Thursday brought a lot of good news for Mitt Romney’s campaign. National polls continue to move in his direction, with poll results starting to take into account the first day of polling after Tuesday night’s debate (though obviously we’ll need several more days of polling to see how the event affected the race). In Ohio, which could determine the outcome of the election, CNN reports that Republicans are significantly improving in early voting from four years ago, a key to winning the state. And the Romney campaign is so confident of victory in North Carolina (which Obama won last time) that it’s starting to pull staff out of the state. But the best sign for Romney may have actually been the the Obama campaign’s decision to make the main takeaway Tuesday’s debate Romney’s comment that he received “binders full of women” when he was trying to hire females to top positions as governor of Massachusetts.
In the past two days, liberals have seized on the remarks and Obama has made the comment a part of his stump speech. “I don’t know if you were listening last night, but, see, we don’t have to order up some binders to find qualified, talented, driven young women to learn and teach and thrive and start businesses,” he said in Athens, Ohio on Wednesday. In Manchester, New Hampshire earlier today he said, “See, we don’t have to order up some binders to find qualified, talented, driven young women who can learn and excel in these fields right now.”
The fact that Obama is making an issue of this suggests to me that his campaign is increasingly worried about signs that Romney is closing the gender gap, which would mean lights out for his reelection given Romney’s advantages among male voters.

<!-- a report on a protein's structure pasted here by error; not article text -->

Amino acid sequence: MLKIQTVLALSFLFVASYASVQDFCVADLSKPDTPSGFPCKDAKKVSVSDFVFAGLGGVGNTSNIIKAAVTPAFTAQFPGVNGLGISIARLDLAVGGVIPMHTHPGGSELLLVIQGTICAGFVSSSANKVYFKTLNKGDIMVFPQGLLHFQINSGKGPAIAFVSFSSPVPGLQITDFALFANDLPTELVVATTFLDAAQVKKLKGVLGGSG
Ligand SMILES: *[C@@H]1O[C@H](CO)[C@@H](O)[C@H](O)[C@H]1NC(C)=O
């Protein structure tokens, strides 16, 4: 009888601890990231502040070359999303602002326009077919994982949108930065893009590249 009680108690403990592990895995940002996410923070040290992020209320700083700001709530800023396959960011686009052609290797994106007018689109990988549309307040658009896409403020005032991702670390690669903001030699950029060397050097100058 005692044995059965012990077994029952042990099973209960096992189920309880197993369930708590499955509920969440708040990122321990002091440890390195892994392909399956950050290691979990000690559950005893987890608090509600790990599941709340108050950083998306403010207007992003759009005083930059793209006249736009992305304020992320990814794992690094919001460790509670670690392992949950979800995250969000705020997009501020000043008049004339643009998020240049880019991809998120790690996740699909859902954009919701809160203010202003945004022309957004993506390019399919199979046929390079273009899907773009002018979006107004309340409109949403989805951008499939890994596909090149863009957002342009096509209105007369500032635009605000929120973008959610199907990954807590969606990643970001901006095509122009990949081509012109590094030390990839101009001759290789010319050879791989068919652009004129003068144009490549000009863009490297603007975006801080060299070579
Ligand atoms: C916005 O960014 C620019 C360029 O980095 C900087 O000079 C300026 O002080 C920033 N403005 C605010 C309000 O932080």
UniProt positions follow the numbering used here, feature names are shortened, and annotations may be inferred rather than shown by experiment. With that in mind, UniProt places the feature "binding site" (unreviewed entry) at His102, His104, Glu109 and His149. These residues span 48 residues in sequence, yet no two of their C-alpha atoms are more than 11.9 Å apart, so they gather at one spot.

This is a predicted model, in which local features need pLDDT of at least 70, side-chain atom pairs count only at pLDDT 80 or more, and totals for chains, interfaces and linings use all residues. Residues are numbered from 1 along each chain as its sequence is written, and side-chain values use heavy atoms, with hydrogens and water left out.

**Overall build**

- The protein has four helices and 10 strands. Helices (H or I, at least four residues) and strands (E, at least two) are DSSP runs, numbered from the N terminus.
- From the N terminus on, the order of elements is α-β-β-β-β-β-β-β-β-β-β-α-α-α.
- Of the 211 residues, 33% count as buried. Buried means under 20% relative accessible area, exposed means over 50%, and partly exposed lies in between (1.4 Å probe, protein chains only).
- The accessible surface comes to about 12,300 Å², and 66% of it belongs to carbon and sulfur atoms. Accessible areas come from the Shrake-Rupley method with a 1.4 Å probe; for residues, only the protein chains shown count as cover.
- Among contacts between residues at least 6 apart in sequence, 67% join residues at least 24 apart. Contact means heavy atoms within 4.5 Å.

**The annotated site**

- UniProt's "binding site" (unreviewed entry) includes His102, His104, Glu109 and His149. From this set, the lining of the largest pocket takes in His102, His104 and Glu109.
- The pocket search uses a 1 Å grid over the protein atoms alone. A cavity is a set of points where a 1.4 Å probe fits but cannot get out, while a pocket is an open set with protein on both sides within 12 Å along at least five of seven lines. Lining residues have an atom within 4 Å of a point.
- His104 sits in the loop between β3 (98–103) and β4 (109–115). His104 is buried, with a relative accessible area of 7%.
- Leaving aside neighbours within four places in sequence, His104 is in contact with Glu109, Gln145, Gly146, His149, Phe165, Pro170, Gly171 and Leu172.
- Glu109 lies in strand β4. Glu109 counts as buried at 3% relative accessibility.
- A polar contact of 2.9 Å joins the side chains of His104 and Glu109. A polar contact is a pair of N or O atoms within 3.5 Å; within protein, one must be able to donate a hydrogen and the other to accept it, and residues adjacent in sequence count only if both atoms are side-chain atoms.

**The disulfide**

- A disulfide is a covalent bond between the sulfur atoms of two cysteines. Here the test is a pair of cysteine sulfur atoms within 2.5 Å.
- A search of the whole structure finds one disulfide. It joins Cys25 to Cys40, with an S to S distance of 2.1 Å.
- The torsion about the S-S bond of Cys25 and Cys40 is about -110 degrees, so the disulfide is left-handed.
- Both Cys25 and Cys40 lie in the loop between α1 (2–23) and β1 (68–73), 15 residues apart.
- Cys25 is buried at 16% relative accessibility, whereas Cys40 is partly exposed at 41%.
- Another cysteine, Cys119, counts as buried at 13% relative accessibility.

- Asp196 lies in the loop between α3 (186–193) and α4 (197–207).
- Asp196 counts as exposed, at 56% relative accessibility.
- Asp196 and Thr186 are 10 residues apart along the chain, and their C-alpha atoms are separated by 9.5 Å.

It’s hard to see what argument Obama is advancing here, however. The attack isn’t even that Romney didn’t hire enough women as governor. It’s that he had to consult a binder prepared by a women’s group to find more female candidates when he wanted to hire more women. Is the suggestion that if he cared about women more he would have just hired his friends and associates rather than draw from a wider applicant pool?
In 2008, Obama was praised by his admirers for campaigning above the fray, for avoiding the temptation to score cheap points in the daily news cycle and instead focus on the big picture. When he all but sewed up the Democratic nomination after winning the North Carolina primary in May 2008, he said his win showed, “it’s possible to overcome the politics of division and distraction; that it’s possible to overcome the same old negative attacks that are always about scoring points and never about solving our problems.” Yet as the campaign enters its final serious stages, Obama is increasingly focusing on small things, like Romney’s mention of “Big Bird” and now this. This is typically the type of thing that you witness with losing campaigns — see, for instance, the hopes on the right in 2008 that Obama’s “spread the wealth around” comments to “Joe the Plumber” would show Americans the true Obama and thus provide a boost to John McCain.
To be sure, polls in many states still suggest Romney has to make up ground in the final weeks to score an electoral victory over Obama and perhaps as more data come in post-debate, the momentum will shift back in Obama’s direction. But if Obama is going to lose this election, this is sort of what you’d expect the final stages of his campaign to look like.